Fed eases bank leverage ratio; Kabbage cuts back

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Ratio relief

The Federal Reserve unanimously voted Wednesday to ease banks’ supplementary leverage ratio for one year. The Fed hopes to “boost the flow of credit to cash-strapped consumers and businesses during the coronavirus slowdown.”

“Banks are sitting on giant stockpiles of cash, U.S. government debt and other safe assets,” the Wall Street Journal says. “By tweaking how the ratio is calculated, the Fed is effectively trying to engineer a swap. Remove Treasurys and central bank deposits from the calculation, the thinking goes, and banks should be able to replace them in the asset pool with loans to consumers and businesses.”

“The decision means that as the Fed pushes more cash reserves into the banking system, the banks will be able to take those reserves on to their balance sheets without having to increase capital at the same time,” the Financial Times says.

Financial Times

Cabbage crunch

Kabbage, the online small business lender, in an effort to conserve cash, “has stopped making loans, made big reductions to customer credit lines and temporarily dismissed staff after many of its borrowers have been shuttered by the coronavirus outbreak,” the paper reports.
“We securitize our receivables and we are on the hook for loan performance, which is suffering because of delinquencies, because our customers have no revenue, because they are closed,” co-founder and president Kathryn Petralia told the paper.

Kabbage co-founder and president Kathryn Petralia
Kabbage co-founder and president Kathryn Petralia

Unhappy stockholders

U.K. bank stocks plunged Wednesday, the first day of trading after the country’s five largest banks agreed to “halt dividends and buybacks in response to the Bank of England’s warnings against paying out billions of pounds to shareholders during the coronavirus pandemic. HSBC and Standard Chartered, which are both headquartered in London but do the vast majority of their business in Asia,” both fell more than 7%, “wiping billions from their valuations and causing a backlash among Hong Kong retail investors.”


The Bank of England’s “pressure on HSBC to cancel its dividend for the first time in 74 years has reignited a debate at the top of the bank over whether it should redomicile to Hong Kong,” the paper says. The BoE’s “intervention prompted anger among some board members and executives, with calls to reopen the question of whether the group’s legal base should move from London.”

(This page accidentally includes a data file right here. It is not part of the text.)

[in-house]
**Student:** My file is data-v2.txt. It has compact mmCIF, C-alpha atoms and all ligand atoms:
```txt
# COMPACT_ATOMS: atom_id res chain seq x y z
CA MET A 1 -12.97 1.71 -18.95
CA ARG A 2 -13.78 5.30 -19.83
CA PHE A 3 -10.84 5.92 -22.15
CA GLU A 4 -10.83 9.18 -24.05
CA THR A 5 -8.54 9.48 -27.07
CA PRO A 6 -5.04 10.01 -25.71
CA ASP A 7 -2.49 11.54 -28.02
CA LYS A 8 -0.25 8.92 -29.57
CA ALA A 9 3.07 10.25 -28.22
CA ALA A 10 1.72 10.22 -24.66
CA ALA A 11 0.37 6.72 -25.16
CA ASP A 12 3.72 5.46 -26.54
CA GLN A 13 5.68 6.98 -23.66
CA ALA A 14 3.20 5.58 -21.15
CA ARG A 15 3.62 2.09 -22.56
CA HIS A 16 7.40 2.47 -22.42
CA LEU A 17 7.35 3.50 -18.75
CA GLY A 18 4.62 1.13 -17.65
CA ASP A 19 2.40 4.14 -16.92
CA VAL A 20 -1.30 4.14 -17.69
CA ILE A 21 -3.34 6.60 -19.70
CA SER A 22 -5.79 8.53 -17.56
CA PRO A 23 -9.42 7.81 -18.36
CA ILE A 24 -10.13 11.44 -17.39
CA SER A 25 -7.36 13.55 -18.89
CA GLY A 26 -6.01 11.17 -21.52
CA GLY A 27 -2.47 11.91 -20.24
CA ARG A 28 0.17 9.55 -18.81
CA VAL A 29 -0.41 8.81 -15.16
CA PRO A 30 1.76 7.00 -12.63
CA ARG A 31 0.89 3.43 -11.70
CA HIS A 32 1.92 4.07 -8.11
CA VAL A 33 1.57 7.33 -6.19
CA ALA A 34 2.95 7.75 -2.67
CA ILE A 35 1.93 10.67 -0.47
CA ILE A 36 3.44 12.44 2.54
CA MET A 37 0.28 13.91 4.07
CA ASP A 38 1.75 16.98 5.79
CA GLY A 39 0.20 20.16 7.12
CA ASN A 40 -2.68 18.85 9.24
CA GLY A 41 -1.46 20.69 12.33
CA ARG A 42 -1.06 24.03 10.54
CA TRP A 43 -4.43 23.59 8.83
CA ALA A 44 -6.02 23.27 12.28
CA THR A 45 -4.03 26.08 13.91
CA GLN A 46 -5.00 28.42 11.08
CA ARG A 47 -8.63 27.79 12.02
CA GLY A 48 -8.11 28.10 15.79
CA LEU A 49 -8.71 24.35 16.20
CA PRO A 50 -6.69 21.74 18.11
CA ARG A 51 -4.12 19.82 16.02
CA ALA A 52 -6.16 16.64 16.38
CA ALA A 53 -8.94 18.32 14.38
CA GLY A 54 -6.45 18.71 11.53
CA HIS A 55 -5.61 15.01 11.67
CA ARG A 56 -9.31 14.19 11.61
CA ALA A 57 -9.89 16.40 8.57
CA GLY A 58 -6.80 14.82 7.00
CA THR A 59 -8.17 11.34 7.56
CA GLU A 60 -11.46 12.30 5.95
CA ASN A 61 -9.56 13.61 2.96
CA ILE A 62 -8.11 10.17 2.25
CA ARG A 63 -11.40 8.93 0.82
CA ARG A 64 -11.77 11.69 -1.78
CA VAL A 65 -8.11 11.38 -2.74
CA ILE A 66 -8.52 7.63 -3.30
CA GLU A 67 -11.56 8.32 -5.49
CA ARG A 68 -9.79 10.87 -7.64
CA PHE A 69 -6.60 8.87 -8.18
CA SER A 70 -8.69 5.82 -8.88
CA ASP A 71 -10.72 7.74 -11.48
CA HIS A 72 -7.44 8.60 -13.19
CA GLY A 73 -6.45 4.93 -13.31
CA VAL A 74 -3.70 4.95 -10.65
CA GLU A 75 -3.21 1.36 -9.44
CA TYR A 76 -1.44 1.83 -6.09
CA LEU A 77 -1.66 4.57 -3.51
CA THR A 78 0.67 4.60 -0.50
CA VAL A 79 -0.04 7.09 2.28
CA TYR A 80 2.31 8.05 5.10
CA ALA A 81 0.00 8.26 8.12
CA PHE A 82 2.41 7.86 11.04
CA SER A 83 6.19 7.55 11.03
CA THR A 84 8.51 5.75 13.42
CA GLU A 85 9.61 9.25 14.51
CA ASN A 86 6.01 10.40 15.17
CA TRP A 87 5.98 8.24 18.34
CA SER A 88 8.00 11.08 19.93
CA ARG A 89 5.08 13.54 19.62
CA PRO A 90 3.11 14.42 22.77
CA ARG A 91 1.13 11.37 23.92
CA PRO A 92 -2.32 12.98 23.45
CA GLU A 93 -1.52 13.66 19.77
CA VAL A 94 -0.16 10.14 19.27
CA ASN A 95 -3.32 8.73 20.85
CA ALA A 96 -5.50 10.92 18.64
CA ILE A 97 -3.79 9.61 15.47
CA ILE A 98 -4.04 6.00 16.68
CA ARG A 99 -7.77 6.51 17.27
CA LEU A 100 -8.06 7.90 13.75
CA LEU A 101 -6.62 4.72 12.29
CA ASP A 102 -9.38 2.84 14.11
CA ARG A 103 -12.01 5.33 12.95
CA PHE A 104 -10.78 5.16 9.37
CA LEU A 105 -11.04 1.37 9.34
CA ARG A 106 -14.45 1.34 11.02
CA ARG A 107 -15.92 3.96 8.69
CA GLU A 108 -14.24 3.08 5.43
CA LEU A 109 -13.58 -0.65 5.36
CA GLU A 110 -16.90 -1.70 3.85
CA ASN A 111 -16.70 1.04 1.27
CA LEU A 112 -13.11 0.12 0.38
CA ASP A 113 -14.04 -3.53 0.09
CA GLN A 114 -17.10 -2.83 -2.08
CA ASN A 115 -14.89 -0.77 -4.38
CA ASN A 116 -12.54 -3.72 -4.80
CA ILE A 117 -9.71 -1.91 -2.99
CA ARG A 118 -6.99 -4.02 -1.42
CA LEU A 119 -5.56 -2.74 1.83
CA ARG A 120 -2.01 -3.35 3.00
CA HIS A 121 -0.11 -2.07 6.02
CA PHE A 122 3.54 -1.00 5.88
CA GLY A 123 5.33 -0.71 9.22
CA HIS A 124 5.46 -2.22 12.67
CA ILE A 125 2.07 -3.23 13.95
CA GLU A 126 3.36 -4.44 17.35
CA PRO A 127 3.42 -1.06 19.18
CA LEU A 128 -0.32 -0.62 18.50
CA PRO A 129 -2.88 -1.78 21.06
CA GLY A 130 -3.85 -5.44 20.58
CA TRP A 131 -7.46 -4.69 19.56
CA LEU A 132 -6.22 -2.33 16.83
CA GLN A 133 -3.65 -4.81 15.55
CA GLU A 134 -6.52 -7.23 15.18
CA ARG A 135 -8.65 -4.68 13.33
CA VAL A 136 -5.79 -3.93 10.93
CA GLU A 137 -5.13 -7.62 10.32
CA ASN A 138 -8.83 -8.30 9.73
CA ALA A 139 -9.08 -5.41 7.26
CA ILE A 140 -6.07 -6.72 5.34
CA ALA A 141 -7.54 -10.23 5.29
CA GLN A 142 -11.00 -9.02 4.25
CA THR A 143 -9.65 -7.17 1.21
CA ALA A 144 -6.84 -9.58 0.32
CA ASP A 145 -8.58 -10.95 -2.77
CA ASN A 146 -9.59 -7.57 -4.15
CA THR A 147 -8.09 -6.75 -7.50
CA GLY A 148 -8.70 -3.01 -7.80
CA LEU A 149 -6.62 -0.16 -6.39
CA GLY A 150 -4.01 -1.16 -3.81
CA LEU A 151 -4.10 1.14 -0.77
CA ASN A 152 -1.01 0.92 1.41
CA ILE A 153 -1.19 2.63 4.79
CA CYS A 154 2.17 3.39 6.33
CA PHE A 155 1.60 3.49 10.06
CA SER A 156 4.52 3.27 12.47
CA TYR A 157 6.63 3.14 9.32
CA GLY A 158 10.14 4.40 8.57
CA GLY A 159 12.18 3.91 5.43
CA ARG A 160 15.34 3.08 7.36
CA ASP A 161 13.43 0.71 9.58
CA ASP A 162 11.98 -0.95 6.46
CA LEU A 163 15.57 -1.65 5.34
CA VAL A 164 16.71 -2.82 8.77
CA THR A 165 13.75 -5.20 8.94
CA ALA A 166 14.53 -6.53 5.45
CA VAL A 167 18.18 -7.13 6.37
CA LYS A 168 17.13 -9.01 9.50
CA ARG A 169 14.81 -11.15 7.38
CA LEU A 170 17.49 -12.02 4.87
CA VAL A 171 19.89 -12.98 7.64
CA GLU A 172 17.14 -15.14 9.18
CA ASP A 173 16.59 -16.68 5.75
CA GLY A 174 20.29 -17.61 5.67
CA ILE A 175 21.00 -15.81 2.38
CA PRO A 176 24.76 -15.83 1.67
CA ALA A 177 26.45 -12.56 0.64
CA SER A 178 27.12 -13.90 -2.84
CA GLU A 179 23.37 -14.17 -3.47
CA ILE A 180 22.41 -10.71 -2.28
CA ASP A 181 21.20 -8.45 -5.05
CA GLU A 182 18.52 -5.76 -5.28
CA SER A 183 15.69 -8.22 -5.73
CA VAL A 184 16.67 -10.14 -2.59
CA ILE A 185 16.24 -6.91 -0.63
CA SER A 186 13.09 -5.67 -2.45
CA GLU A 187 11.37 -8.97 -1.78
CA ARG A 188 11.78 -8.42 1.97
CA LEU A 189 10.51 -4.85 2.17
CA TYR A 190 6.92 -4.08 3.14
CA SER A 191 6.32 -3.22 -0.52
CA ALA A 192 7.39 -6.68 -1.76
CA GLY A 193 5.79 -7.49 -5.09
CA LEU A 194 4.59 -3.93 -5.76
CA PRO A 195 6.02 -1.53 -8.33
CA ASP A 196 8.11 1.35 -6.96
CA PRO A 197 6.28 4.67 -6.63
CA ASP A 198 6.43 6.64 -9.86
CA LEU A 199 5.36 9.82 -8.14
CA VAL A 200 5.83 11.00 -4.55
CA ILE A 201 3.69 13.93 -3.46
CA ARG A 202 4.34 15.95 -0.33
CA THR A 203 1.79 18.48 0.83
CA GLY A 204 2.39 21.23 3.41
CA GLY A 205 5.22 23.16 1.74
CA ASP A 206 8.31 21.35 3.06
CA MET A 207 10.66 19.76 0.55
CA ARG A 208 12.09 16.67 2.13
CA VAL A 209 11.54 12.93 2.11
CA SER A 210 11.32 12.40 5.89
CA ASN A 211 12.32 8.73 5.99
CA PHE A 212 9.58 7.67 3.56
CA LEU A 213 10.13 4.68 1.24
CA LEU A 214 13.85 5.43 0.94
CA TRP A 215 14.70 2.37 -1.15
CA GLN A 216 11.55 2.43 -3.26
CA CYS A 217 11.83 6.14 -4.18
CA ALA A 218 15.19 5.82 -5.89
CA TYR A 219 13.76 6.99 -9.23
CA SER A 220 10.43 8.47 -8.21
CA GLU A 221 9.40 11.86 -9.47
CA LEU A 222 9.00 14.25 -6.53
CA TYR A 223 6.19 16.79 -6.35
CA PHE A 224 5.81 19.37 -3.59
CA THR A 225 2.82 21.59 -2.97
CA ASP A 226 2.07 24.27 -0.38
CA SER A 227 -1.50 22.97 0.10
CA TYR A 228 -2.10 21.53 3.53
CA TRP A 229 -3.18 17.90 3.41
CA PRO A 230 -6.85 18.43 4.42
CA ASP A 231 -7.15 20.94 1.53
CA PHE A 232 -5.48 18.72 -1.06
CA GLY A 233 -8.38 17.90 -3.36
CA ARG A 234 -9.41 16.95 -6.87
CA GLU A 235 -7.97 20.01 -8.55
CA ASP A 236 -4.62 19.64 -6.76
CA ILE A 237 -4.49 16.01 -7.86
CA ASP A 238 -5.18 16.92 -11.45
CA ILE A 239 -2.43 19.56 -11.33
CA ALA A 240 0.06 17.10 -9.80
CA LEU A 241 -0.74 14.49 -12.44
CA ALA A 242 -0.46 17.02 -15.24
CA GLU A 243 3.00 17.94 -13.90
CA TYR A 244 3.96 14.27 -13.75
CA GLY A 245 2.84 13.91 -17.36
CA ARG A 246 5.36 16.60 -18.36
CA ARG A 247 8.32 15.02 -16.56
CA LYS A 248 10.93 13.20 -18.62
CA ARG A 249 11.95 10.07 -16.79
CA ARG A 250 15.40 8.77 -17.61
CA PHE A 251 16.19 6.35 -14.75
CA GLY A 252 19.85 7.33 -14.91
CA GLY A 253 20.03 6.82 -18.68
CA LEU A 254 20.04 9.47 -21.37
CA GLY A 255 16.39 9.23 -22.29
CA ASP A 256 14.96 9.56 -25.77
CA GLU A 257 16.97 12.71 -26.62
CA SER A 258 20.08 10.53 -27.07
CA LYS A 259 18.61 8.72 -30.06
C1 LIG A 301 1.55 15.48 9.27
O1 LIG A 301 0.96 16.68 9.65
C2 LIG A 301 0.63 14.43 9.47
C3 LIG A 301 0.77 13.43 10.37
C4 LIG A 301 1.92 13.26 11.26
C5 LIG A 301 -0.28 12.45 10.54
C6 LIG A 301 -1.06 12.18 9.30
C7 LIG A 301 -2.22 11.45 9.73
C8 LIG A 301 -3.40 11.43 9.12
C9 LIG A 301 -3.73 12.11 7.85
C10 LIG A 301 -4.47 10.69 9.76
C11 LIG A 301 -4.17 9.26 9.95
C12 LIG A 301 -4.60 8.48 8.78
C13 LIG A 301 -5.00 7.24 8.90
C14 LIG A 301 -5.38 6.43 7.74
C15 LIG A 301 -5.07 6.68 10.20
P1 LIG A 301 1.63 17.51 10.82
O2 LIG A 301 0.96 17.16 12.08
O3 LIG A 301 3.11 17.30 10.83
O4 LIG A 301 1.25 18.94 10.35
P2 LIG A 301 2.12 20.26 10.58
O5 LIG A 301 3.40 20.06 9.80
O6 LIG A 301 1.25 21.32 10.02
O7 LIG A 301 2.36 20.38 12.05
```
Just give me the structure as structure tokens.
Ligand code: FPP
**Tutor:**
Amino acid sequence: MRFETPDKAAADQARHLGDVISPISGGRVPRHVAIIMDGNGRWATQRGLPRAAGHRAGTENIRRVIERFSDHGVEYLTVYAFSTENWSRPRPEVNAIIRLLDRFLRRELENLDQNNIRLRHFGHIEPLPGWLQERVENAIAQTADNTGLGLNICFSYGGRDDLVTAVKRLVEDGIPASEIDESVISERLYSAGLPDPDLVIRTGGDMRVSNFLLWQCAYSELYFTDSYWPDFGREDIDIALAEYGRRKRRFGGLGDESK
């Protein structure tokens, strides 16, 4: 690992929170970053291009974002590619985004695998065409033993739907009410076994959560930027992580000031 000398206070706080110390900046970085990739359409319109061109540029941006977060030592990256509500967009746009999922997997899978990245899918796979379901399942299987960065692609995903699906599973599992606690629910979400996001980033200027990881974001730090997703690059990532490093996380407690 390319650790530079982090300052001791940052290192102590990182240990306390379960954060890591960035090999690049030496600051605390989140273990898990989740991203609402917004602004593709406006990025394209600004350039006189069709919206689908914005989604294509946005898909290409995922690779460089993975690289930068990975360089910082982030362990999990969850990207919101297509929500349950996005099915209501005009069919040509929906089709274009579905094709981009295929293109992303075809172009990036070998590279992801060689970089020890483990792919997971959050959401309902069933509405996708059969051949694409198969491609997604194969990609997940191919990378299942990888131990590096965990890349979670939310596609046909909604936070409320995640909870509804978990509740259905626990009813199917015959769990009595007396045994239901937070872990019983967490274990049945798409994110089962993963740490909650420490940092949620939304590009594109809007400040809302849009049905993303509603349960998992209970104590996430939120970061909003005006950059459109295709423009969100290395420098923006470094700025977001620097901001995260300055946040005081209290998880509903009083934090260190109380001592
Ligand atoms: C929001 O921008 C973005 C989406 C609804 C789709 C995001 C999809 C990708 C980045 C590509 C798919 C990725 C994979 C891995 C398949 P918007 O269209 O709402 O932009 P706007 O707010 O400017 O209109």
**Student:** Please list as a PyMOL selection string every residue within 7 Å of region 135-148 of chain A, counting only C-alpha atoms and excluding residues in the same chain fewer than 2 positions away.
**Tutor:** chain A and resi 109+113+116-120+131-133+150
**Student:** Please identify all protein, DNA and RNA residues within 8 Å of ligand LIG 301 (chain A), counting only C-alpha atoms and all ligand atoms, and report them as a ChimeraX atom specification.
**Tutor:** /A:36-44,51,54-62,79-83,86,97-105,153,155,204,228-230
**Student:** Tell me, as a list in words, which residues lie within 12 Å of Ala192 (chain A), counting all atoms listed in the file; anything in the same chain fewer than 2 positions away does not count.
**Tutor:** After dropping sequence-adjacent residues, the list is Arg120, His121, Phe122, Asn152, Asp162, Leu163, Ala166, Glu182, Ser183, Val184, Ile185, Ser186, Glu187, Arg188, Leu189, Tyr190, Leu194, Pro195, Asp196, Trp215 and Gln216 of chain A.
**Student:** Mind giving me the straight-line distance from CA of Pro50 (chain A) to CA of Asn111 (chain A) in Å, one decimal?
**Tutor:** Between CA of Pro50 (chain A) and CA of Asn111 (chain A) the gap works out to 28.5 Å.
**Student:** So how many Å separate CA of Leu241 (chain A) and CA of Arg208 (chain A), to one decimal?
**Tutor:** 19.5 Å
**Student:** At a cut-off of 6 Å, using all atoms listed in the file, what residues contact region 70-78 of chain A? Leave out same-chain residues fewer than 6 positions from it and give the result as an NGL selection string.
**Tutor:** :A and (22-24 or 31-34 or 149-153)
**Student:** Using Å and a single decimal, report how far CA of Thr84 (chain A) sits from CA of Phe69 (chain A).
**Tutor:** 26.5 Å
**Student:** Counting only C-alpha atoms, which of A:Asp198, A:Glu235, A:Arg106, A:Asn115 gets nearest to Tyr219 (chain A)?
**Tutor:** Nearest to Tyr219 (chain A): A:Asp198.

The dividend ban “is particularly damaging for HSBC, which generates more than four-fifths of its profits from Asia, despite being headquartered in London. A third of its shares are owned by retail investors in Hong Kong, who count on the dividend as part of their income.”

Bonuses too

“Banks have a societal role as agents of the government, transmitting state aid to the small enterprises and individuals as unemployment rises and recession looms. They must not forfeit the high ground by raining rewards down on staff after other stakeholders have suffered so much,” the paper says in an opinion piece, arguing banks should also suspend employee bonuses. “Remuneration is a lagoon-sized cost for banks. Variable pay accounted for nearly half of Barclays’ total remuneration costs of £1.3 billion in 2019. About half of the bill was in cash. It would be an error for banks to jeopardize the strength by repeating the mistakes of the noughties.”

Under pressure

New Zealand has joined the euro zone and the U.K. in ordering banks to stop paying dividends, “a move that could put pressure on Australia’s big banks,” which own most of New Zealand’s banks. “New Zealand’s move could make it harder for Australia’s so-called Big Four — Commonwealth Bank of Australia, ANZ, Westpac and National Australia Bank — to maintain their high dividend payouts and aggravate their already strained relationship with the Reserve Bank of New Zealand.”


“From a U.K. policy perspective it is understandable, but this is damaging in Asia and around the world. U.K. institutional investors and Hong Kong retail investors own bank shares for the dividend. This isn’t billionaires and hedge funds; a lot of these people are ordinary folk.” — Ronit Ghose, a banking analyst at Citigroup, commenting on U.K. banks’ decision to suspend dividend payments

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